Commercial property owners and developers in Virginia have been left adrift in the wake of the COVID-19 pandemic (“COVID-19”). With real estate tax appeal deadlines either in the rearview mirror or quickly approaching, little in the way of guidance has been circulated by county or state authorities. Many states have reacted to the pandemic by delaying appeal deadlines, initiating revised assessments or offering steps that property owners can take to challenge 2020 assessments, but Virginia has otherwise stayed silent. We expect that once the damage of this pandemic has been realized, property owners will seek to appeal and actively challenge valuations for 2021.
In Virginia, the valuation of real property for taxation is generally done on an annual or biannual basis at the discretion of the county, city or town in which the property is located. Real estate assessments are prepared on January 1st of each year, prior to the tax year in question, and mailed in the months thereafter. Virginia local real estate assessors are constitutionally bound to reflect fair market value in their assessments. Commercial real property in Virginia generally is valued using the “income approach,” which uses a capitalization rate as applied to the property’s income to determine the property’s value. This approach considers the ability of the property to earn income through rents, taking into account the operating expenses and allowing for vacancy and collection losses. The resulting net operating income is then capitalized into value with an appropriate rate to achieve a fair market value estimate. This value is then compared to the available market sales to determine if the property's assessment should change. Other approaches to value, such as the cost approach and the direct sales approach, are also used in the assessment process each year.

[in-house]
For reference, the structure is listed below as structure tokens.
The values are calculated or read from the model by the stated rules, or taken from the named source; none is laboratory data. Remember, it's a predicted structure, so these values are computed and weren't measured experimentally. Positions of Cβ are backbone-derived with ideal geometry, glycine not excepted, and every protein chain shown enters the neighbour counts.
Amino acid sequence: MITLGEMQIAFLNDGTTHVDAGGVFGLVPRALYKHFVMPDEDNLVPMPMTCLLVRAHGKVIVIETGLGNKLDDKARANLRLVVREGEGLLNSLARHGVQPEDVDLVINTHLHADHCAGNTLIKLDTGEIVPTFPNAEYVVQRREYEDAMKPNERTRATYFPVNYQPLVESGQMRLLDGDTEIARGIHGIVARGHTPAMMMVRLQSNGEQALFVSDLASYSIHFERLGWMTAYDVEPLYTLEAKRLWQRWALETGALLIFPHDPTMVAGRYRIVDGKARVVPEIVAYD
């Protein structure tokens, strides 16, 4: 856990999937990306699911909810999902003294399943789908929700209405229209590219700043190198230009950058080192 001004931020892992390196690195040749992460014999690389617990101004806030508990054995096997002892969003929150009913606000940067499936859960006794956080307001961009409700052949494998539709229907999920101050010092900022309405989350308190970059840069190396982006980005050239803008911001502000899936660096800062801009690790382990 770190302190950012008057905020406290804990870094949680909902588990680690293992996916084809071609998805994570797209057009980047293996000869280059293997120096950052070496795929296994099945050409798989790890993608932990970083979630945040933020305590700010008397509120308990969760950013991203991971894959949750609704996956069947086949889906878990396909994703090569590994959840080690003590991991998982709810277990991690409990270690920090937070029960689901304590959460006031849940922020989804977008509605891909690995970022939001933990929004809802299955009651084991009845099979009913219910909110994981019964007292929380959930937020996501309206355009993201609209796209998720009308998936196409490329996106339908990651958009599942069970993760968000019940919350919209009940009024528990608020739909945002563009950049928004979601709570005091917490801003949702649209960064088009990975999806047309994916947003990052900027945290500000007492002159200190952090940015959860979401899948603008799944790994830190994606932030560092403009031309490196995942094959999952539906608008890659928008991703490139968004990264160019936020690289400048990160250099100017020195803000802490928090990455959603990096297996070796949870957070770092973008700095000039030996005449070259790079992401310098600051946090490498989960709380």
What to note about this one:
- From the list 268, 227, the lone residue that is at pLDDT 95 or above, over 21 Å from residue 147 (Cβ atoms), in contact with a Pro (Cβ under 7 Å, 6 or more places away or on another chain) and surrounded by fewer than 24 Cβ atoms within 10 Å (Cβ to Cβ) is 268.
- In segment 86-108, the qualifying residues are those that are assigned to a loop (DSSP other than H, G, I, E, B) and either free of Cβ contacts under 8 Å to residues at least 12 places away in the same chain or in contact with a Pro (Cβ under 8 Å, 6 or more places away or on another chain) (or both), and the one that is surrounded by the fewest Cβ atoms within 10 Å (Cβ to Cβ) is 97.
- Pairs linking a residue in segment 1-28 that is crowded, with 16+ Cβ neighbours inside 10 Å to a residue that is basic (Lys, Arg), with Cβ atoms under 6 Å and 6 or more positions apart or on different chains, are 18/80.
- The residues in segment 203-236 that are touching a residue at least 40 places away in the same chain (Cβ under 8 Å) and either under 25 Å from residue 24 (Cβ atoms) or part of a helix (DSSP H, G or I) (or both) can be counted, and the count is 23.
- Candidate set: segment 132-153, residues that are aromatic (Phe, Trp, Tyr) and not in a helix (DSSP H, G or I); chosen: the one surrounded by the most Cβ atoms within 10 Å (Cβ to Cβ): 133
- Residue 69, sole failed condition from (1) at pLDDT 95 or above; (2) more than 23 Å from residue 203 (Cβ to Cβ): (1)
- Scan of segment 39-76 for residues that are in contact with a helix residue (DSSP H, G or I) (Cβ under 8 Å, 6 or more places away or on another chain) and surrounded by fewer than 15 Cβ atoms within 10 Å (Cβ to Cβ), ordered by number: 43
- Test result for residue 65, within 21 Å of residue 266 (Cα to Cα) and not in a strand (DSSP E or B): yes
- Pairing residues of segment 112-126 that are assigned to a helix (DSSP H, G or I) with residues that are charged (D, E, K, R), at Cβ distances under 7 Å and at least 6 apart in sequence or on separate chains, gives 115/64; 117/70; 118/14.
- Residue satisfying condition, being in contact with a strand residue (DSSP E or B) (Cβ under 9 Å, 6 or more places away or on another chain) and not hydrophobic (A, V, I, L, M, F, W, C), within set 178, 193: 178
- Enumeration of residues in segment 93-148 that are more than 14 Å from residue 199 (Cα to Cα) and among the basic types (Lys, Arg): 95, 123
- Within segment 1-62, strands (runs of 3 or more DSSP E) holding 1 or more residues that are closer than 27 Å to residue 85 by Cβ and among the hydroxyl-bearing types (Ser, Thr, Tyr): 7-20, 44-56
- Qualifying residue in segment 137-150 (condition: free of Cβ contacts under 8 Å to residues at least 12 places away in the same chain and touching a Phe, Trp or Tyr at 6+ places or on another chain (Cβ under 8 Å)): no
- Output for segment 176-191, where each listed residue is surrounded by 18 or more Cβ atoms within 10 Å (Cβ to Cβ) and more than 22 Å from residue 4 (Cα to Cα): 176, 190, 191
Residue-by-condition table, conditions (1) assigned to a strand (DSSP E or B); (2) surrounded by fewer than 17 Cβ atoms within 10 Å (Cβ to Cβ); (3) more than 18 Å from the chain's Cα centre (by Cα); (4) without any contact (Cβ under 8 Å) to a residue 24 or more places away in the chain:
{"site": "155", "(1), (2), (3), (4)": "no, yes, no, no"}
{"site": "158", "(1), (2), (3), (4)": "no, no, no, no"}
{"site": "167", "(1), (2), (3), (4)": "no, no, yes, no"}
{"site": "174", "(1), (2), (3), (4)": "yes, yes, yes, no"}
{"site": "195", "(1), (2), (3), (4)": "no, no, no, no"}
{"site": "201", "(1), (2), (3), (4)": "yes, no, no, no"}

Once the notice of assessed value is issued to the property owner, the property owner will have deadlines by which it must file an appeal to assert that the property has been overvalued and present reasons to support a lower valuation. For example, in Fairfax County, an administrative appeal can be filed with the County Department of Taxation (Fairfax DTA) by May 1, which allows time for review prior to the filing deadline for the County Board of Equalization of Real Estate Assessments (BOE). The BOE is an independent body appointed by the County Board of Supervisors with the responsibility of determining whether the Department of Tax Administration has equalized the assessments among property owners. The Fairfax BOE has the power to increase, decrease or keep the same assessment based on its review of an assessment. Similar procedures apply in other Virginia taxing jurisdictions.
The COVID-19 pandemic and Governor Northam’s March 30th Temporary Stay at Home Order have resulted in the nearly complete shutdown of the northern Virginia economy and derailed the underlying assumptions for these assessments. Many landlords have experienced dramatic reductions in their rental streams and expect record-high vacancy rates to increase by year's end. These effects are more significantly felt among landlords of retail and restaurant properties. These trends extend to the service, travel and hospitality sectors due to the prohibition on nonessential businesses. If tenants cannot reopen and generate enough income, many more will be forced to close for good.
It is not only tenanted properties that may be impacted. Expected delivery dates and demand for multiunit residential or development under construction have been significantly impacted. In many cases, developers are at risk of holding vacant units that otherwise would be on their way to full capacity. The absorption of these units, especially throughout the summer months, may take much longer depending on the nature and extent of the ongoing economic contraction.
The full economic effects of COVID-19 may not become evident until later this year. Because the current time for filing an assessment appeal in Virginia has passed, property owners will be more focused than ever on what happens to their next assessment on January 1, 2021. Disruptions in rental income, payment delinquencies and vacancy rates will be Exhibit A of the challenges to valuations in next year’s assessments.